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Question for creative directors (or personel in charge of hiring designers)...
I've worked hard to put together original, strong cover letters & resumes. Triple checked that grammar and punctuation is correct, even had others double check it before sending it. I address the creative director or person responsible. I have put together
complete book portfolios as well as a print sample folder that allows you to hold the piece, open it, and actually see the project. Then proceeded to have interviews. I am met with comments like "this is striking", your work is "fresh", "you have a lot of
talent", and "this is a beautifully designed piece". And then there is no outcome. I follow up and am told that they will get back to me. But I never get critiqued and it is like pulling teeth for people get back to me. I was once told by a creative director
that "persistence is key" and that if you want a design job to go in face to face. Now that the digital realm has pulled a majority of face to face communication away, how do you go about getting true and honest feedback?
I graduated from design school with the impresssion that I needed to prepare myself for harsh criticism techniques. I'm literally asking for criticism and not getting it. I want to better myself as a designer, support good values and ethics, and land a great
If nothing else, I'd love some advice on how to not be overlooked when I do all the right things (address the person responsible (and correctly), have correct grammar and spelling, provide to the point explanations of employment history.... so on..)
I am a sophomore going into Graphic Design, and right now I am trying to look at summer opportunities for studying abroad.
I was hoping that I could glean some information from you all about where you think the best places to study abroad are, or what are some of the best schools outside of the US.
I've finished a project with a broadside accordian fold, flat 21x34, finished 10.5x4.25. Sent it to the printer my client wanted and the proof that they sent back was a mess. It was .25" short on the width and height, and the panels were folded in a variety
of widths. I marked up the proof & sent it back, requesting an accurate proof that demonstrates they can do the job. I just received an email asking me to approve the job and promising that they will do it right, but they can't provide an accurate folded proof
because of the proofing paper. In 20 years, I've never had a printer suggest that I approve a job without an accurate proof. Especially when the job involves folds. You have to see that everything lines up on the equipment that is being used. Has the printing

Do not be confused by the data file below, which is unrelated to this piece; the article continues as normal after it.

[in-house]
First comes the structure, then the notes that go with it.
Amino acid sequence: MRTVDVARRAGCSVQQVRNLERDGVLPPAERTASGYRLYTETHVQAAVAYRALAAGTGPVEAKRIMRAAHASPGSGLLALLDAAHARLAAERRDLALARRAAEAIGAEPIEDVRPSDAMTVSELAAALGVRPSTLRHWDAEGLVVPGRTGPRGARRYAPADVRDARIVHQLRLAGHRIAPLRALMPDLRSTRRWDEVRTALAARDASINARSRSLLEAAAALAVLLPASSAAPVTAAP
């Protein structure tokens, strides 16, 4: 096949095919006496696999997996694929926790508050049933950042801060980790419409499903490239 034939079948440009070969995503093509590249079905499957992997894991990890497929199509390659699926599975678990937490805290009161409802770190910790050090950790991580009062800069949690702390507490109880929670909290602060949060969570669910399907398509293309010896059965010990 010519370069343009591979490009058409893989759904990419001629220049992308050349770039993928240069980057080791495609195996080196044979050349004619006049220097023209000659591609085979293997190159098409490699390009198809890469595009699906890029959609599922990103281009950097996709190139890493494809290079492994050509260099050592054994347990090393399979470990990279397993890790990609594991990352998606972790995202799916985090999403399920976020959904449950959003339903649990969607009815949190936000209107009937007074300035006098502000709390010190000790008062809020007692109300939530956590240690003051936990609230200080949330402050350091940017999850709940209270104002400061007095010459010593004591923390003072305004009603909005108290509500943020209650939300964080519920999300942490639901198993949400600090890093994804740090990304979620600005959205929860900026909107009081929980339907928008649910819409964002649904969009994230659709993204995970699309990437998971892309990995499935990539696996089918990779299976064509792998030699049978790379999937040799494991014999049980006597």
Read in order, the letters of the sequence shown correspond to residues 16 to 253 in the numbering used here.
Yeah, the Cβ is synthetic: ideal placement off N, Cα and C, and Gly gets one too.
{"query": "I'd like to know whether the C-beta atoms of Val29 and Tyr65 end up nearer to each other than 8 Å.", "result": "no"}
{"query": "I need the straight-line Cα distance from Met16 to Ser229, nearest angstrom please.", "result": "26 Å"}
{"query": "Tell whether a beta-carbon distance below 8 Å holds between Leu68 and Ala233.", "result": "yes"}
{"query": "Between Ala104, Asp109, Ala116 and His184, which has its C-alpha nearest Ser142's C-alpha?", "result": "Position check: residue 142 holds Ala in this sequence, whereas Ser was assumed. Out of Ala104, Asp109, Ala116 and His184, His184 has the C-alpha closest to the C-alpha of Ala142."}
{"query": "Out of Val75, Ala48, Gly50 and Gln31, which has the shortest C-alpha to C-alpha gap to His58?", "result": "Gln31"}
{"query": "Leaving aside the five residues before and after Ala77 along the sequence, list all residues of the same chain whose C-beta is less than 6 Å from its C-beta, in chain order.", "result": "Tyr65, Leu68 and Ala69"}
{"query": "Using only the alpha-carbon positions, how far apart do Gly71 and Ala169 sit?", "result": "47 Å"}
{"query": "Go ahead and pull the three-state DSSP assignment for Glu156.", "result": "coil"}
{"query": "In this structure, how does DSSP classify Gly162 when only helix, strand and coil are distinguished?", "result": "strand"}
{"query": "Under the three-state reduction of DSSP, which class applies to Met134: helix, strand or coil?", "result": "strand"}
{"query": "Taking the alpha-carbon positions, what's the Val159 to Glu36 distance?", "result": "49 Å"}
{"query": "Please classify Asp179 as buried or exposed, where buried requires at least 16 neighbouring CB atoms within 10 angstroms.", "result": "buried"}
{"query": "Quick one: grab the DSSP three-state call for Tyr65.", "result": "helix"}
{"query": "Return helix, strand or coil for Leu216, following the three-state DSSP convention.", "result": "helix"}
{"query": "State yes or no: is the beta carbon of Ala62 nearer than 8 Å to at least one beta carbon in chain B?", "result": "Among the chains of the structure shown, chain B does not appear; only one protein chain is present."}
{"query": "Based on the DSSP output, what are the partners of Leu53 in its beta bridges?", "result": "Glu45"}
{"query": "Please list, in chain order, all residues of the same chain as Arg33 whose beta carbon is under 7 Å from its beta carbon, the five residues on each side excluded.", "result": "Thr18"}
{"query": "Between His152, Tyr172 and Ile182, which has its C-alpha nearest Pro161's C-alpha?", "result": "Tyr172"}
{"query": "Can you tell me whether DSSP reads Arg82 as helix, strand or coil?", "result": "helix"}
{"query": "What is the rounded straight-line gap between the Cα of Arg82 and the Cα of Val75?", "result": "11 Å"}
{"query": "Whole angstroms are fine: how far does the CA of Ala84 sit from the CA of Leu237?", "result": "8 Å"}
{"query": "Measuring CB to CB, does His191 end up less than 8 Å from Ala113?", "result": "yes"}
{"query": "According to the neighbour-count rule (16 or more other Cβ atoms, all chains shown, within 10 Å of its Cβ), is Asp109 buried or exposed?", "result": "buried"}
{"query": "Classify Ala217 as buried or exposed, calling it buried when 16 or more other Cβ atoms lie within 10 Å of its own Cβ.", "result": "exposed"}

business changed this much with PDF proofs and online ordering that a complex job doesn;t receive a good quality proof? Please give me your opinions, because I'm concerned that the client will shrug and say OK. Thanks!
Hello everyone! I have a technical questions that has been driving me crazy, and probably has a very simple solution. Whenevner I create a document in Indesign that has a stroke added to any of it's text then save it as a PDF and upload it online to a digital
library such as Scribd, it's like the stoke doesnt line up with the text and the outcome is awful and not readable. Suggestions?
Hello fellow design fanatics - I'm a UXer in New York City open to networking and learning. Contact me if you're looking for someone empathetic and design-y.
Touch Feeling furniture features new use of old materials, natural texture and industrial senses. Touch Feeling furniture, such as closets and chairs, seem like perfect combinations of wood and metal. Practical in function, they capture a sense of form and nature in design.
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A listing of the 2007 "Design Journeys" board of advisors
Allan Chochinov presented his webcast on the new MFA in Products of Design graduate program at the School of Visual Arts in New York City.
Senior Designer , Portland StudioXPLANE
Portland, OregonNovember 26 2013
Artist Kilolo Kumanyika joins ArtCulturist – Perspectives on Artists, Muses & Models Speaking on the untold persons who inpsire.
Shared in Inspiration by Delanie West
Corcoran Glimpse Book